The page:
1898 – Wayfarers Arcade, Southport, Lancashire

Architect: Hurst & Bolshaw



The Arcade first opened in October 1898 and was originally called the Leyland Arcade, after Southport MP, Sir Herbert Leyland. The arcade was the idea of John Humphrey Plummer, a Victorian entrepreneur, who at the time owned most of the shops on Lord Street. His plan was to create an indoor shopping area that could be enjoyed in all weather conditions. Due to the existing shops on Lord Street providing a good income, he did not want to lose the rent from any of them by decreasing their size so the entrance to the arcade is quite narrow. The building is a typically Victorian arcade, with a domed glass roof, supported by decorative iron work, with some stained glass windows and mahogany shop fronts. The upper shopping level features balconies. Grade II listed.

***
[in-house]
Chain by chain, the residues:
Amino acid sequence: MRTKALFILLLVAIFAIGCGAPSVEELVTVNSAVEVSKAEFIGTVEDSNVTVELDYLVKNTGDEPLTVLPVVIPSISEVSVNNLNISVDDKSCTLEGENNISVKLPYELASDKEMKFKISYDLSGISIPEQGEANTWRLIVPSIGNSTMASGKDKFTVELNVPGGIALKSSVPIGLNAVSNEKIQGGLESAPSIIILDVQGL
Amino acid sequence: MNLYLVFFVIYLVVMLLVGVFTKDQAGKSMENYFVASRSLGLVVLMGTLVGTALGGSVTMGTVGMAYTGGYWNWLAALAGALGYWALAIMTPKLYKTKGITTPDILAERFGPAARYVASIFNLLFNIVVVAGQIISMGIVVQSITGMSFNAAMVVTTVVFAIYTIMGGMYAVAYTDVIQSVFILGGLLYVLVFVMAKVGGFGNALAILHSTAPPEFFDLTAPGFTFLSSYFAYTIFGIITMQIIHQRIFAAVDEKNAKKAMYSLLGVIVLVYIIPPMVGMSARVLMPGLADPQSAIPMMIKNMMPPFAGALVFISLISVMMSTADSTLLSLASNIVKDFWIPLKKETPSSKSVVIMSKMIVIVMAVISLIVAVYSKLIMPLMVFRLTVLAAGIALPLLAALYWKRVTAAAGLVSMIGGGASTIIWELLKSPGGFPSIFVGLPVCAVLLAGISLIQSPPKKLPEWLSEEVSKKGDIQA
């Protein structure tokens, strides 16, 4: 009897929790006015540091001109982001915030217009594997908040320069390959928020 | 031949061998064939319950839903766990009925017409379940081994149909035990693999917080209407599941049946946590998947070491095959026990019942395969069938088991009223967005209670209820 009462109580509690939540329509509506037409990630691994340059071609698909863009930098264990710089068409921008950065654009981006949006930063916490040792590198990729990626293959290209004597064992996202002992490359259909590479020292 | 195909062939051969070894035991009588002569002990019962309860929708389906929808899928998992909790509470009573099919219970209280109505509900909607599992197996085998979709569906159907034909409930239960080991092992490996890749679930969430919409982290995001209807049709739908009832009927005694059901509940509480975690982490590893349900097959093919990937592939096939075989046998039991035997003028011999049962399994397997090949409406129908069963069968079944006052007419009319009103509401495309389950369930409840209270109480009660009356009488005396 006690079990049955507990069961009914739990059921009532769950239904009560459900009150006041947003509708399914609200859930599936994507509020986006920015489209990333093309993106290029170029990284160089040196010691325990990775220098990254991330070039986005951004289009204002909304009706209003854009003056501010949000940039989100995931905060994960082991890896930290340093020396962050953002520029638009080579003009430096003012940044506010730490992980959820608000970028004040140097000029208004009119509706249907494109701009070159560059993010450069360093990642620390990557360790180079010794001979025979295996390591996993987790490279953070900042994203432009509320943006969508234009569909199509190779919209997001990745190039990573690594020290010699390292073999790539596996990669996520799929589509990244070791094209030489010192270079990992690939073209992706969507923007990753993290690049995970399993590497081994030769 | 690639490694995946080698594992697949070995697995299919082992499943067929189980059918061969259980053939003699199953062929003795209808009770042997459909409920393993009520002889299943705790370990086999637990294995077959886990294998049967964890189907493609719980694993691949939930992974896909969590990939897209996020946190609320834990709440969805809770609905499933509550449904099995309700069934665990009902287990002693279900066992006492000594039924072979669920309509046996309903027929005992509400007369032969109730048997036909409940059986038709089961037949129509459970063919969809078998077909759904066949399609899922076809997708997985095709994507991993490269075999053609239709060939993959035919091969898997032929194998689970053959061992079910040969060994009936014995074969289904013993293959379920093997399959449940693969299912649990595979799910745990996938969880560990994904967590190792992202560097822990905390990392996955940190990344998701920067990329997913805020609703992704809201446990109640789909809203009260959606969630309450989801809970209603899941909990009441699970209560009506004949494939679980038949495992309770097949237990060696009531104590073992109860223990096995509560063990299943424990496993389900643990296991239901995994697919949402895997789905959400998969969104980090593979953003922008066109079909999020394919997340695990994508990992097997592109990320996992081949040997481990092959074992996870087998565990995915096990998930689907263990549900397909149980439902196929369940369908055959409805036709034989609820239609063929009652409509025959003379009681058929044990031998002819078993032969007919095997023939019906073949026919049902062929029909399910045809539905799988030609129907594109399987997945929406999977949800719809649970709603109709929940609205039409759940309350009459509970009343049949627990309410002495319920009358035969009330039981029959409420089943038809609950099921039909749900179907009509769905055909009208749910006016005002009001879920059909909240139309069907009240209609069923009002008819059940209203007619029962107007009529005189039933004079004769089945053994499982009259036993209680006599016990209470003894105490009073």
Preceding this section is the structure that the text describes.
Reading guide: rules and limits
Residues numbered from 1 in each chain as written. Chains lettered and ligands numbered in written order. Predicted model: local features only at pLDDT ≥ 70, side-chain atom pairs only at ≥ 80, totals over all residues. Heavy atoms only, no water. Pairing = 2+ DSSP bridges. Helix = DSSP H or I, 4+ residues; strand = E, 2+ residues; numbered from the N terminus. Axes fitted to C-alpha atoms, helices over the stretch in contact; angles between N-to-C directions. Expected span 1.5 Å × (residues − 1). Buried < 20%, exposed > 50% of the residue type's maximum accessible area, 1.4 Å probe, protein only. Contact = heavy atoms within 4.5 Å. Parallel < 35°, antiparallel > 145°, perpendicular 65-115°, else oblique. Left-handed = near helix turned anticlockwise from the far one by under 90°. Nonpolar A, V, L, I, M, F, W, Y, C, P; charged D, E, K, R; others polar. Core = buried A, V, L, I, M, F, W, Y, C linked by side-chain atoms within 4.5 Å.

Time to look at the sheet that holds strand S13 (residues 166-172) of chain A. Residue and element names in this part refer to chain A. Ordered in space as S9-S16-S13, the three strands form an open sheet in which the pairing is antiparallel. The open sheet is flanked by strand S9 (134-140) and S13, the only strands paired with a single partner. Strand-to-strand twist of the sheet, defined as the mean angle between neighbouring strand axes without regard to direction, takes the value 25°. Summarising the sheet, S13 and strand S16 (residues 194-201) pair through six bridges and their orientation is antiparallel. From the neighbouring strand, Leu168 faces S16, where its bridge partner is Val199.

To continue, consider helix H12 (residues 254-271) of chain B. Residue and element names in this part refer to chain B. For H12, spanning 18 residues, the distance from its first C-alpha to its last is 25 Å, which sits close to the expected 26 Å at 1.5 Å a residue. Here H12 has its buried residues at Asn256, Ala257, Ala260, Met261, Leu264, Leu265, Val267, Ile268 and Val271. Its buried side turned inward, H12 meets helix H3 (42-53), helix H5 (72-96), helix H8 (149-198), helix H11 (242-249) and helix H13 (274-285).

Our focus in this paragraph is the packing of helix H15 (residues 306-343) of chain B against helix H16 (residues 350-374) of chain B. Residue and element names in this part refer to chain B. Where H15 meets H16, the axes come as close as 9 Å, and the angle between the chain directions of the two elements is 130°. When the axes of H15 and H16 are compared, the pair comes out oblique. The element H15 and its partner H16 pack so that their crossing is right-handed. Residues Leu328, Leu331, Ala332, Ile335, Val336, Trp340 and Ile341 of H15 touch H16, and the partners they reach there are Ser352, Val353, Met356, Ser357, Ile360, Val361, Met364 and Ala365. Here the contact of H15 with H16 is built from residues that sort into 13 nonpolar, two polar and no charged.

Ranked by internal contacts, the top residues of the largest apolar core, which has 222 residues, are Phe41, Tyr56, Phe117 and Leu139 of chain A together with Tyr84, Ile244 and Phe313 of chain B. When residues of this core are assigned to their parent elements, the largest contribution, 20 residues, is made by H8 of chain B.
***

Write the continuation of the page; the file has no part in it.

“The front section of the above, consisting of 13 lock-up shops, has recently been completed. The rear portion ia expected to be in readiness for occupation within a few months. The arcade will comprise 4-5 lock-up shops and caretaker’s house on the ground floor, together with numerous offices, ladies’ club, sale-room, and other conveniences on the first floor, and assembly-hall on the second floor. As may be seen by the plan, the frontage to Lord-street (the principal business street) is limited : hence an entrance of but lOjft. wide leads to an arcade 27£t. in width, marked by a central area covered by an octagonal dome 63ft. in diameter. The who e will be covered in to afford a sheltered promenade. Electric light ii to be employed throughout. The whole of the premises are to be heated throughout by a circulation of hot- water sj arranged that each tenant may regulate the temperature of his own premises. The whole is being carried out from the designs and under the supervision of >Ir. Ct. E. Bolshaw, architect, 5O, Lord-street, Southport, by the following contractors: — Front section, Messrs. Vaughan Brothers, Southport ; back section, Messrs. Wishart and Irving, Southport.” Published in The Building News, July 8 1898.